The Common Good

For True Civility in Arizona, The Walls Must Come Down

The shooting in Tucson, Arizona has spurred numerous 'calls for civility' in the heated political tension of Arizona and beyond. While I resonate with the idea, I wonder if we truly know the meaning of this phrase both in word and deed.

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Civility for Arizona, in the sense of bi-partisan progress, has translated into the political compromise of unprecedented border enforcement and walls, also leading to record migrant deaths and human rights violations in the Tucson sector.

Just days before the shooting in Tucson, a teenager was shot while scrambling over the border wall, tumbling back to the Mexico side where he died; the gunman was a Border Patrol agent. Humanitarians held a memorial service on a treacherous desert path, remembering the unknown and precious lives of two bodies found by volunteers in recent months. And currently, 300 miles of new border fence is being proposed in the U.S. Senate. But events like these have become regular occurrences for residents of the borderlands, accompanied by blips of media attention and small vigils by activists and pastors.

In fact, we are so entrenched in this violence, which is rationalized away as national security, that perhaps the tables have turned and the 'civilized' resemble more and more the derangement that we blame.

The Latin root of the word 'civility' goes beyond courtesy to mean 'a member of the household,' and involves the standards of decency in society that promote peaceful coexistence for all residents. True civility was taught with every step that Jesus took, from inviting the poor to sit at the table of plenty to mandates that we must love our neighbor as ourselves. Jesus also understood that those claiming to be the most 'civilized' while out-casting the deranged or society's 'illegals' were often the furthest from understanding coexistence.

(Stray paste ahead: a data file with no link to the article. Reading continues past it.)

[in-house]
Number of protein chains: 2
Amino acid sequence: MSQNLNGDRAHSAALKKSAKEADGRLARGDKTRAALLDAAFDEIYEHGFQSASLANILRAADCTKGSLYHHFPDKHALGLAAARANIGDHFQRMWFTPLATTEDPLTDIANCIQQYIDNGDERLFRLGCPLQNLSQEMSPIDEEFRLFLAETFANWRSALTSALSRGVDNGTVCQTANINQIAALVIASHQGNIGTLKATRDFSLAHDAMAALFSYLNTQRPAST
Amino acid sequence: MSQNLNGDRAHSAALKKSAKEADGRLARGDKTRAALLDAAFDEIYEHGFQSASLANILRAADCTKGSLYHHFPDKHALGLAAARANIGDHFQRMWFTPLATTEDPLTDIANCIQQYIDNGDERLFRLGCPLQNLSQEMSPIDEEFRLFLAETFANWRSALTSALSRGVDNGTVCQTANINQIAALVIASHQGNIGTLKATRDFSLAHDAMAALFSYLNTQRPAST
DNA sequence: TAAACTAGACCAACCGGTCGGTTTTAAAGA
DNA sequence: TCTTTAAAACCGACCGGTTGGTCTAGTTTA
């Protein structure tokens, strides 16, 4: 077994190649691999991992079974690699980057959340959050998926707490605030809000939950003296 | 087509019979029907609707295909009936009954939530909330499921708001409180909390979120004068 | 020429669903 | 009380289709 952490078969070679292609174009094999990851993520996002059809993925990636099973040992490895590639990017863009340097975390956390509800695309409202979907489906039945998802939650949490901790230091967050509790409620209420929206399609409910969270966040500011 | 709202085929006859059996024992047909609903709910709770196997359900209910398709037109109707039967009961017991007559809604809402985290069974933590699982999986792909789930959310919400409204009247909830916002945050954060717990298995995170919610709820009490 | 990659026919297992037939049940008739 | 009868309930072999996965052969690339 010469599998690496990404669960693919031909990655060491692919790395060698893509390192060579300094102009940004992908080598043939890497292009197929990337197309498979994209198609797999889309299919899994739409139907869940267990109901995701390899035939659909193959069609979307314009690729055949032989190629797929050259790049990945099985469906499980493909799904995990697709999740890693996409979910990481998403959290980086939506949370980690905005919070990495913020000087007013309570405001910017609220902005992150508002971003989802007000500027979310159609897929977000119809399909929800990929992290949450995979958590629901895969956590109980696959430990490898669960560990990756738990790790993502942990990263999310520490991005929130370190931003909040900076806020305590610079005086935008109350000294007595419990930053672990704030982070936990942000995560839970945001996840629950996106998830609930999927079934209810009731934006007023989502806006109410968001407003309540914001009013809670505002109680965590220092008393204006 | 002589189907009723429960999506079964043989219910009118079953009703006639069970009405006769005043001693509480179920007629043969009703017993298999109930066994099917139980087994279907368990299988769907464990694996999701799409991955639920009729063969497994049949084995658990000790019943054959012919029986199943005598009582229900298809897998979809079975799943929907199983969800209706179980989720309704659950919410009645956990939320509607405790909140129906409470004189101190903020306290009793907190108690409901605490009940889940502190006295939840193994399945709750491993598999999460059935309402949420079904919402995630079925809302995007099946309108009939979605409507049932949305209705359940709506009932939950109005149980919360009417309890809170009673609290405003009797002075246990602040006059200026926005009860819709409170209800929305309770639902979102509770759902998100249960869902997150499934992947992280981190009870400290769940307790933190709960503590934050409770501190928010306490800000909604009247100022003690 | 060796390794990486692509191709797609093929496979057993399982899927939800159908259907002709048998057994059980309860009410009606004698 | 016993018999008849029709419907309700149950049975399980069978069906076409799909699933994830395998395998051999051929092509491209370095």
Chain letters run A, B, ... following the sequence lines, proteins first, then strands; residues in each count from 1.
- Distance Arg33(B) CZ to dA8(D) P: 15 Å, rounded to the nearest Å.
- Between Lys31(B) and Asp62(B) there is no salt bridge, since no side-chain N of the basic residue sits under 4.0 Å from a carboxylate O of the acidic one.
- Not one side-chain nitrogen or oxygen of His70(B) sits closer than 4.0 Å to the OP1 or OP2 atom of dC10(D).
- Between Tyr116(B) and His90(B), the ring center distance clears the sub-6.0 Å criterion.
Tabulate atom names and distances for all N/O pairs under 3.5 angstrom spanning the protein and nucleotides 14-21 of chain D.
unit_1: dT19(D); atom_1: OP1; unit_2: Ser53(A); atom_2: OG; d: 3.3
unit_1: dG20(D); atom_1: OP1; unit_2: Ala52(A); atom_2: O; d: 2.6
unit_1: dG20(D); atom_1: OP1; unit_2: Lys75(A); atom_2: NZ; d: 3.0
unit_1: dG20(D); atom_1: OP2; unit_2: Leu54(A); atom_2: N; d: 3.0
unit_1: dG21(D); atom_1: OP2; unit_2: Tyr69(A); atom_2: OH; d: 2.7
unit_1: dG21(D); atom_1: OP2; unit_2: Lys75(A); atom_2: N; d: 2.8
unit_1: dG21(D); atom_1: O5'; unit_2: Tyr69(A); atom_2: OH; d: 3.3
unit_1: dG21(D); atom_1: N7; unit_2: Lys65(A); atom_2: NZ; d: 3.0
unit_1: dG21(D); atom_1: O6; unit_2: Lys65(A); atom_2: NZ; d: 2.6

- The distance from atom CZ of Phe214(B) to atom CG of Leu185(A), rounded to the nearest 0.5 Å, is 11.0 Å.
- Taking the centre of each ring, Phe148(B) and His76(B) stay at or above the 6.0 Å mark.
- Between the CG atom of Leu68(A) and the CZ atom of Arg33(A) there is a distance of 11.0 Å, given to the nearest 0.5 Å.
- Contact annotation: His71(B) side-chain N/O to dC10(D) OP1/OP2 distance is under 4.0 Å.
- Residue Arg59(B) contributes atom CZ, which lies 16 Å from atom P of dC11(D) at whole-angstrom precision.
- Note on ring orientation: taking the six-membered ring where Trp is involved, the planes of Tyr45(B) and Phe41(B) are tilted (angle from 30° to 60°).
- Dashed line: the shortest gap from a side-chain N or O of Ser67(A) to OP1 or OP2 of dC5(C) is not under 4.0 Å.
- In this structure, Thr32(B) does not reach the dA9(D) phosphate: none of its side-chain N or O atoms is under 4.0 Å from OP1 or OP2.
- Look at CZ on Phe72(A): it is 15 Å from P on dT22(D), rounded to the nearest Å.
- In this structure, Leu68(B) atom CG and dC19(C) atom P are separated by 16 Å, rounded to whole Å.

Faith-based and immigrant rights groups in Arizona recently posted a Call to Civility for All of Arizona's Residents, which reflects the deeper meaning of the word in our deeds:

In this spirit, the coalition of groups here today is united in calling on Arizona's lawmakers to honor the calls for civility in politics by extending that civility to all of the residents of Arizona. Please, suspend all bills aimed at undocumented Arizonans for this legislative session, including attempts to undermine birthright citizenship, deny children public education, and otherwise harm our families here in Arizona.

Indeed, this commitment to civility should lead to nothing but a polite and courteous collapse of our violent borders, both literally and in spirit. My prayer for Tucson and the borderlands is civility, in the truest sense.

Maryada Vallet works with No More Deaths, a humanitarian initiative on the U.S.-Mexico border, which promotes faith-based principles for immigration reform.

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